Magic Mike (2012)

Steven Soderbergh has been a very prolific director over the couple of decades he’s been working, and this film from last year is one of his most satisfying recent efforts. It deals with an understandably favoured milieu among filmmakers — the entertainment industry — but puts enough of a twist on it to make it interesting, eliciting excellent performances from its male leads.

The story is set in Tampa, Florida, amongst a group of male strippers, led by impresario Dallas (played by an impressively toned Matthew McConaughey). The main stage talent is Mike (Channing Tatum), who, to make ends meet and pursue his career goals, works a number of other jobs during the day. On one of them he meets a young man Adam (Alex Pettyfer), whose potential talent he spots, and whom he drags along to the club. These are the bones of the plot, onto which is grafted a number of familiar themes, such as the corrosive effects of drugs and partying, the desire to hit the big time, and the compromises required to achieve one’s dreams.

My main point of comparison is with similar stories in a female setting, specifically Showgirls (1995). The differences in location between Vegas and Tampa seem mostly a matter of scale — there’s a similar dissipated vibe in hypersaturated colours under the burning sun (one in the desert, the other by the beach), though in the Floridian context, Tampa is second city to Miami, which may place it closer as a setting to Reno than Las Vegas. But where Showgirls essays a bleak, bitter tone, Magic Mike is lighter by far. This doesn’t mean the film avoids darkness — Adam in particular succumbs to the usual crutches of success — it’s just that the focus on Mike means that the stripping remains a colourful background to self-betterment, and not the kind of consuming abyss of artistic expression that it plays in Verhoeven’s film.

However, Mike’s story is a fascinating one, that leans heavily on issues of class mobility and the dark side of capitalism in America. He is introduced via his work in a construction company, but the film quickly relocates to his rather more glamorous night-time sideline of stripping at the Xquisite club on the Tampa beachfront. However, it is made clear that Mike’s real dream is to design bespoke furniture, for which he is saving diligently yet cannot make headway with due to his bad credit rating with the bank (all of his income is largely in cash). Mike is clearly attractive and just as obviously successful at what he does, yet he can’t pursue his dreams for petty bureaucratic reasons that draw a clear link between his blue-collar work and his status.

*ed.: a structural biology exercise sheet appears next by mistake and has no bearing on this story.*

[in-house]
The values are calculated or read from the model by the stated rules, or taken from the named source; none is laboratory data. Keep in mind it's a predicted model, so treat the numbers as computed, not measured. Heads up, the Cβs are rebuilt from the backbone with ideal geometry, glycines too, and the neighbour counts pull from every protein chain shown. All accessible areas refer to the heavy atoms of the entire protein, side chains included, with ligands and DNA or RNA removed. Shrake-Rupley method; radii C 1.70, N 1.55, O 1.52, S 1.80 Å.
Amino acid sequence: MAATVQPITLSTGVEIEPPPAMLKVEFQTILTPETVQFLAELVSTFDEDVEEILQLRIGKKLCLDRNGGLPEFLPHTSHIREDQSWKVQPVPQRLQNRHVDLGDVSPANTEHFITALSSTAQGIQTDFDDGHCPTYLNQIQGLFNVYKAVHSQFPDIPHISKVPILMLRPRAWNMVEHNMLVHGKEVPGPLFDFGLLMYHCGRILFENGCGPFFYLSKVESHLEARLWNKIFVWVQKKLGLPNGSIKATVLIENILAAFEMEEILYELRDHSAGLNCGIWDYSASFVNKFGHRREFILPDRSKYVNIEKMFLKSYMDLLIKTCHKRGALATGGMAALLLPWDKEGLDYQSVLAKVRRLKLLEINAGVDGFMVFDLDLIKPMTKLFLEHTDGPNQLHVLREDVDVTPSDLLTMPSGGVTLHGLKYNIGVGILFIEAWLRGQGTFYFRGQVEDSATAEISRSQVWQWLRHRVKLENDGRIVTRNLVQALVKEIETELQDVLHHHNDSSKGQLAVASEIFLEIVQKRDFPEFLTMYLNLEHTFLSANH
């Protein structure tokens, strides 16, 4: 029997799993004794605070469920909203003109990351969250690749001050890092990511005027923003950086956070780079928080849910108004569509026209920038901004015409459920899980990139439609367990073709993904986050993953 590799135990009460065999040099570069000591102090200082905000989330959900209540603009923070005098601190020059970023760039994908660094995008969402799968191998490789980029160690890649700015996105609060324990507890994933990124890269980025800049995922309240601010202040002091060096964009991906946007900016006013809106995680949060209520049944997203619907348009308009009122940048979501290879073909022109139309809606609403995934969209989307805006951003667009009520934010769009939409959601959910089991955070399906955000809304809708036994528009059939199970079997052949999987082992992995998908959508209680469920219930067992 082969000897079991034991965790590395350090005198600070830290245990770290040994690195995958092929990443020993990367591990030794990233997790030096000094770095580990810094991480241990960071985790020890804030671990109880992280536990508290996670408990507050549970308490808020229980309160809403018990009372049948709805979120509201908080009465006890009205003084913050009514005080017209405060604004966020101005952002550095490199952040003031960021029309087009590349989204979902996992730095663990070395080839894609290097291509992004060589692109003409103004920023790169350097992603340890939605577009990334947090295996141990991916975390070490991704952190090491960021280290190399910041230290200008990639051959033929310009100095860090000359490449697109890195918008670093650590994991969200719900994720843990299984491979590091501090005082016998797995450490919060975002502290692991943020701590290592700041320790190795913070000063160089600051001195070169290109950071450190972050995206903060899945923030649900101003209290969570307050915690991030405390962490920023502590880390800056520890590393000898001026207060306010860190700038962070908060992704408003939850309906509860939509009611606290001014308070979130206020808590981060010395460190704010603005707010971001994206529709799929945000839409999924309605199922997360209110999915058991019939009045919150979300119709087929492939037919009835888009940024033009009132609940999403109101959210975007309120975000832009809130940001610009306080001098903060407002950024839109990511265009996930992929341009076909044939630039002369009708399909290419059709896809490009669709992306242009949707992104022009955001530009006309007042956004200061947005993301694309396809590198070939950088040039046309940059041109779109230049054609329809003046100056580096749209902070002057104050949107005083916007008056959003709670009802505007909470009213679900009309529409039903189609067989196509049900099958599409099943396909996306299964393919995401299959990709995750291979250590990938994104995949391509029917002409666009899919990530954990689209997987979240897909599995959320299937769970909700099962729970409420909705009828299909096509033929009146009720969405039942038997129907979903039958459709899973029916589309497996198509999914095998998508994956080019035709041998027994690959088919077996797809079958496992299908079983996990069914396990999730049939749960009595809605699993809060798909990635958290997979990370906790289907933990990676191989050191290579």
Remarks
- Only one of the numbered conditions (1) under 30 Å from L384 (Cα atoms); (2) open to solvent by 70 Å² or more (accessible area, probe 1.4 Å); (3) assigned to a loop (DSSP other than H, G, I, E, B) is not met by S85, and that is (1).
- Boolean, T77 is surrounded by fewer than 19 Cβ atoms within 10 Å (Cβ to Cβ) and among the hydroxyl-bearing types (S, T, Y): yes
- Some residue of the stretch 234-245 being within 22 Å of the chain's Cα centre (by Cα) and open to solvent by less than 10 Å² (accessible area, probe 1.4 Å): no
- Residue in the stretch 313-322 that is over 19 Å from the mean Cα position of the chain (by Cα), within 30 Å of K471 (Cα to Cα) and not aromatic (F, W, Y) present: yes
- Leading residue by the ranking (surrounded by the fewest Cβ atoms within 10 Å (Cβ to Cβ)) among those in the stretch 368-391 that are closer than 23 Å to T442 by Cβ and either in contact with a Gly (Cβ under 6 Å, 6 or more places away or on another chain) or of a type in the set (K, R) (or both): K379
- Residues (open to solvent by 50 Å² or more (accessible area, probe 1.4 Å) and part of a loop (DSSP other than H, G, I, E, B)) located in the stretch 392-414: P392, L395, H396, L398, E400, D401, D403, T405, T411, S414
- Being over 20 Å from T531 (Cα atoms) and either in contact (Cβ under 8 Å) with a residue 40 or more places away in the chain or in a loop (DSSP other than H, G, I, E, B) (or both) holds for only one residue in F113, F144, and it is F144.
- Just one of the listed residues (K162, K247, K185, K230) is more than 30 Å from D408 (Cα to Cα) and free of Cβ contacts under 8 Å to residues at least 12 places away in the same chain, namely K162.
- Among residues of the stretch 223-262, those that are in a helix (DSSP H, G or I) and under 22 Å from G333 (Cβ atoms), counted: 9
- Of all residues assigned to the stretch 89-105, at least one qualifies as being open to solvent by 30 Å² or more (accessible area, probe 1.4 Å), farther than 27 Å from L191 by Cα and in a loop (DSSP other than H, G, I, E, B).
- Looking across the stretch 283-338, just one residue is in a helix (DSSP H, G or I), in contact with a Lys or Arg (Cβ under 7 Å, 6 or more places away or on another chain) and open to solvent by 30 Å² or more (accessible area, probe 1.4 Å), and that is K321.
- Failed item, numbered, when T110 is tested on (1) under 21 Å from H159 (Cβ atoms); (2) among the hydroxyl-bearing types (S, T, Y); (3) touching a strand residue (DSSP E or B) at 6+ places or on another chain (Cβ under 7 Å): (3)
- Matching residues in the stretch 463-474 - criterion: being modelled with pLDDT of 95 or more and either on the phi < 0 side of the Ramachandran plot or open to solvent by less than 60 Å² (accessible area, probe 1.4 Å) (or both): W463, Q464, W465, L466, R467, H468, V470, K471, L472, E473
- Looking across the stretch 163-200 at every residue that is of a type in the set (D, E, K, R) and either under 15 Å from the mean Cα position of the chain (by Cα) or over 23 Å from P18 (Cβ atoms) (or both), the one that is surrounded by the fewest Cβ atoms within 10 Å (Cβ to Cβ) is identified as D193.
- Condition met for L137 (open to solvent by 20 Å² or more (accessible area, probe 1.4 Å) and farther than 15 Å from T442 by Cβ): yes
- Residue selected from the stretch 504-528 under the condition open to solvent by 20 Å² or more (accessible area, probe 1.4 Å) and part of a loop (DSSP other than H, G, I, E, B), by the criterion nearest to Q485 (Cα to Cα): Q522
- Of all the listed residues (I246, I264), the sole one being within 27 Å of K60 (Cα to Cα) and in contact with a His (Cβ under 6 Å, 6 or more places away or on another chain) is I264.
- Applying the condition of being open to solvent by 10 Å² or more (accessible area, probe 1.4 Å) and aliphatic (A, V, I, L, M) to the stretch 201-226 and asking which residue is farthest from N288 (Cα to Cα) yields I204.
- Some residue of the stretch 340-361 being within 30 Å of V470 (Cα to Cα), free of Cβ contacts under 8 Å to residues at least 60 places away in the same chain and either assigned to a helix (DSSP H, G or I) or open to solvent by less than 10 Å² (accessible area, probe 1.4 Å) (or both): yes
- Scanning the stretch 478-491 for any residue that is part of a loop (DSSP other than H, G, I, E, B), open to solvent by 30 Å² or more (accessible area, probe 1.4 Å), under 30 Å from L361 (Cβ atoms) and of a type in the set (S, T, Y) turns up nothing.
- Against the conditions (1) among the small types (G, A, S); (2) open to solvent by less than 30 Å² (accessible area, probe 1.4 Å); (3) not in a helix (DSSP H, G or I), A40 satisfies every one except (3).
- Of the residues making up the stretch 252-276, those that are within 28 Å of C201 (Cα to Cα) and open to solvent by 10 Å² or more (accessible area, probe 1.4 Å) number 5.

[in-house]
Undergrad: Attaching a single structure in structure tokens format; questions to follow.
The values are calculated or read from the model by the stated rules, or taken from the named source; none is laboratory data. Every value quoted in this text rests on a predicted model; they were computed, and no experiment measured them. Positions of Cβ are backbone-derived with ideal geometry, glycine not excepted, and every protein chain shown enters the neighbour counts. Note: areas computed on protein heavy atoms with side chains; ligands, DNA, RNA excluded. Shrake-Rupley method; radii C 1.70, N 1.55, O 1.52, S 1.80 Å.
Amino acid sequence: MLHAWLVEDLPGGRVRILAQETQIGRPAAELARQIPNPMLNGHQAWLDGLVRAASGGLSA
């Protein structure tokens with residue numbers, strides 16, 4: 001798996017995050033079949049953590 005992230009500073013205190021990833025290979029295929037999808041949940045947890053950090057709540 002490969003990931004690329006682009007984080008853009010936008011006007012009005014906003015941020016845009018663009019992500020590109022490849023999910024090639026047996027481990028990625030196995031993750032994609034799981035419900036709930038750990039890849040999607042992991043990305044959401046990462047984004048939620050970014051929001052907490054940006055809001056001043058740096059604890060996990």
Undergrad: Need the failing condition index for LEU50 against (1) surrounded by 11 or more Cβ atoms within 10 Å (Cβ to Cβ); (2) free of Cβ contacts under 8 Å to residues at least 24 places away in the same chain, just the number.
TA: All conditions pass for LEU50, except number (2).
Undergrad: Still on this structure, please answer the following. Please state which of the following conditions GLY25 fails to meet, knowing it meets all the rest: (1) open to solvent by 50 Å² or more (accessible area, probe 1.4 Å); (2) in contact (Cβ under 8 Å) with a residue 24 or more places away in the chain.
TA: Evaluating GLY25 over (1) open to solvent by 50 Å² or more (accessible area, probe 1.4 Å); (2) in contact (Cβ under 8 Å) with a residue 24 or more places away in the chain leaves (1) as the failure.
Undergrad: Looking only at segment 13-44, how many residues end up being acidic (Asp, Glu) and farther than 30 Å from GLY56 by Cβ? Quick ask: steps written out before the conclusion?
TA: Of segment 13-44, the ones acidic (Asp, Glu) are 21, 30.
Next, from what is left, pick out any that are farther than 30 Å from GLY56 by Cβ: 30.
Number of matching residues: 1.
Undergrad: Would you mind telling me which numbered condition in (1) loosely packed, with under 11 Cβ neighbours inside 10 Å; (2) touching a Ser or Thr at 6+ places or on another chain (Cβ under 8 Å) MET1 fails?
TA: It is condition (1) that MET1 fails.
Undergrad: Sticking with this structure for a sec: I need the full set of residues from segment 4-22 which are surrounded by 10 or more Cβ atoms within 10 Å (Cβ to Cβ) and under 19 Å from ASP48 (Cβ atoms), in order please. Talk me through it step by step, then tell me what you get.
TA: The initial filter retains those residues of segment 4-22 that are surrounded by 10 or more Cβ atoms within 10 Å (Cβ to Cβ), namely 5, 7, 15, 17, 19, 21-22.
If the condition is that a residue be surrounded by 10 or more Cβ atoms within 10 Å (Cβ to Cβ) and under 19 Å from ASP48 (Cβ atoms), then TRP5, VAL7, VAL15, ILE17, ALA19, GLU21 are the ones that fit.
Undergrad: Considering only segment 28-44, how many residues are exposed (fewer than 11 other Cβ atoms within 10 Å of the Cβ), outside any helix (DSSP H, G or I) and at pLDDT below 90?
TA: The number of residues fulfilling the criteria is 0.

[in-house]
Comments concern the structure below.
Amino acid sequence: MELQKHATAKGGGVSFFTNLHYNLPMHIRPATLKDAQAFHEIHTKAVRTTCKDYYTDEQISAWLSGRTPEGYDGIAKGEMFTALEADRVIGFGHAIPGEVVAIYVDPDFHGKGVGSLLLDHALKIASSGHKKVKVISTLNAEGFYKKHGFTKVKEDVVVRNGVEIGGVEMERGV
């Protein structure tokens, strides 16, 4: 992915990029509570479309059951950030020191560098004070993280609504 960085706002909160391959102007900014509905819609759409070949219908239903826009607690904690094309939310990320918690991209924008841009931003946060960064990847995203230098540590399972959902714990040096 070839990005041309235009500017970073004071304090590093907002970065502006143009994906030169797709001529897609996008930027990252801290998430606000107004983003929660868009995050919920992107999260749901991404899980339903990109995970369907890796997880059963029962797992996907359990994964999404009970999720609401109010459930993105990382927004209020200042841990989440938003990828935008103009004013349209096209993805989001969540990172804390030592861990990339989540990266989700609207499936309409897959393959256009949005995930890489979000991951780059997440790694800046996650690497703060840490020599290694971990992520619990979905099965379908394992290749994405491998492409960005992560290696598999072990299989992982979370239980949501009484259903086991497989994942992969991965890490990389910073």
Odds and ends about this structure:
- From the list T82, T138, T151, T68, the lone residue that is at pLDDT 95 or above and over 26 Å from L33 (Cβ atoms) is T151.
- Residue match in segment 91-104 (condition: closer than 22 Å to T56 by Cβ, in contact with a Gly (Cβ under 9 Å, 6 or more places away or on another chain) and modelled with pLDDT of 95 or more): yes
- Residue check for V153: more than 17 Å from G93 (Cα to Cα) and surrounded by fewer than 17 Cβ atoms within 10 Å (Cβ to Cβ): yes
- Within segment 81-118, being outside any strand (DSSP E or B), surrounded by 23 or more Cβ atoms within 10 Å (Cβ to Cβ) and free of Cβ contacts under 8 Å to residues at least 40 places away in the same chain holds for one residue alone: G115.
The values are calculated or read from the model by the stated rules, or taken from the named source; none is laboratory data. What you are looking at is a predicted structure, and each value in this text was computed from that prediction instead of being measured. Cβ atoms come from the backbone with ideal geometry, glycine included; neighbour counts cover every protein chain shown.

Stylistically, Soderbergh (also acting as cinematographer under an assumed name) heavily uses filters to give a grungy bleached-out look to the beach and outdoor scenes; it’s only when inside at the strip club that the colours become saturated, more akin to one’s expectations of a movie, which only emphasises its constructed unrealness. Alongside this there’s a heavy emphasis on naturalistic dialogue scenes, suffused with pauses, temporising, mumbling, digressions and frustrated attempts at verbal expression — in other words, these aren’t polished movie characters when they’re not onstage.

Strangely for strippers, then, it’s the stage performances where the characters gain the power they lack outside. Though they objectify themselves through displaying their bodies, they still retain control over the means of that expression, largely acting upon the female audience rather than being submissive to them. In either case, it’s clearly an illusory power, and for Adam in particular a dangerously tempting one — when the characters attempt to extend this power beyond the club, they notaby fail (for example, when a sorority party gets out of control, or when Adam’s involvement in drugs threatens to derail his life).

As another in the canon of films about the underside of the American Dream, Magic Mike is a strong entry. Channing Tatum puts in a persuasive performance, which is high praise for me, as I’ve never been a huge fan of him as an actor. It’s also a finely-crafted film by Soderbergh, and I can certainly recommend it wholeheartedly.


© Warner Bros. Pictures

FILM REVIEW
Director Steven Soderbergh | Writer Reid Carolin | Cinematographer Steven Soderbergh (as “Peter Andrews”) | Starring Channing Tatum, Matthew McConaughey, Alex Pettyfer, Cody Horn | Length 108 minutes || Seen at home (Blu-ray), London, Monday 22 July 2013

My Rating 4 stars excellent

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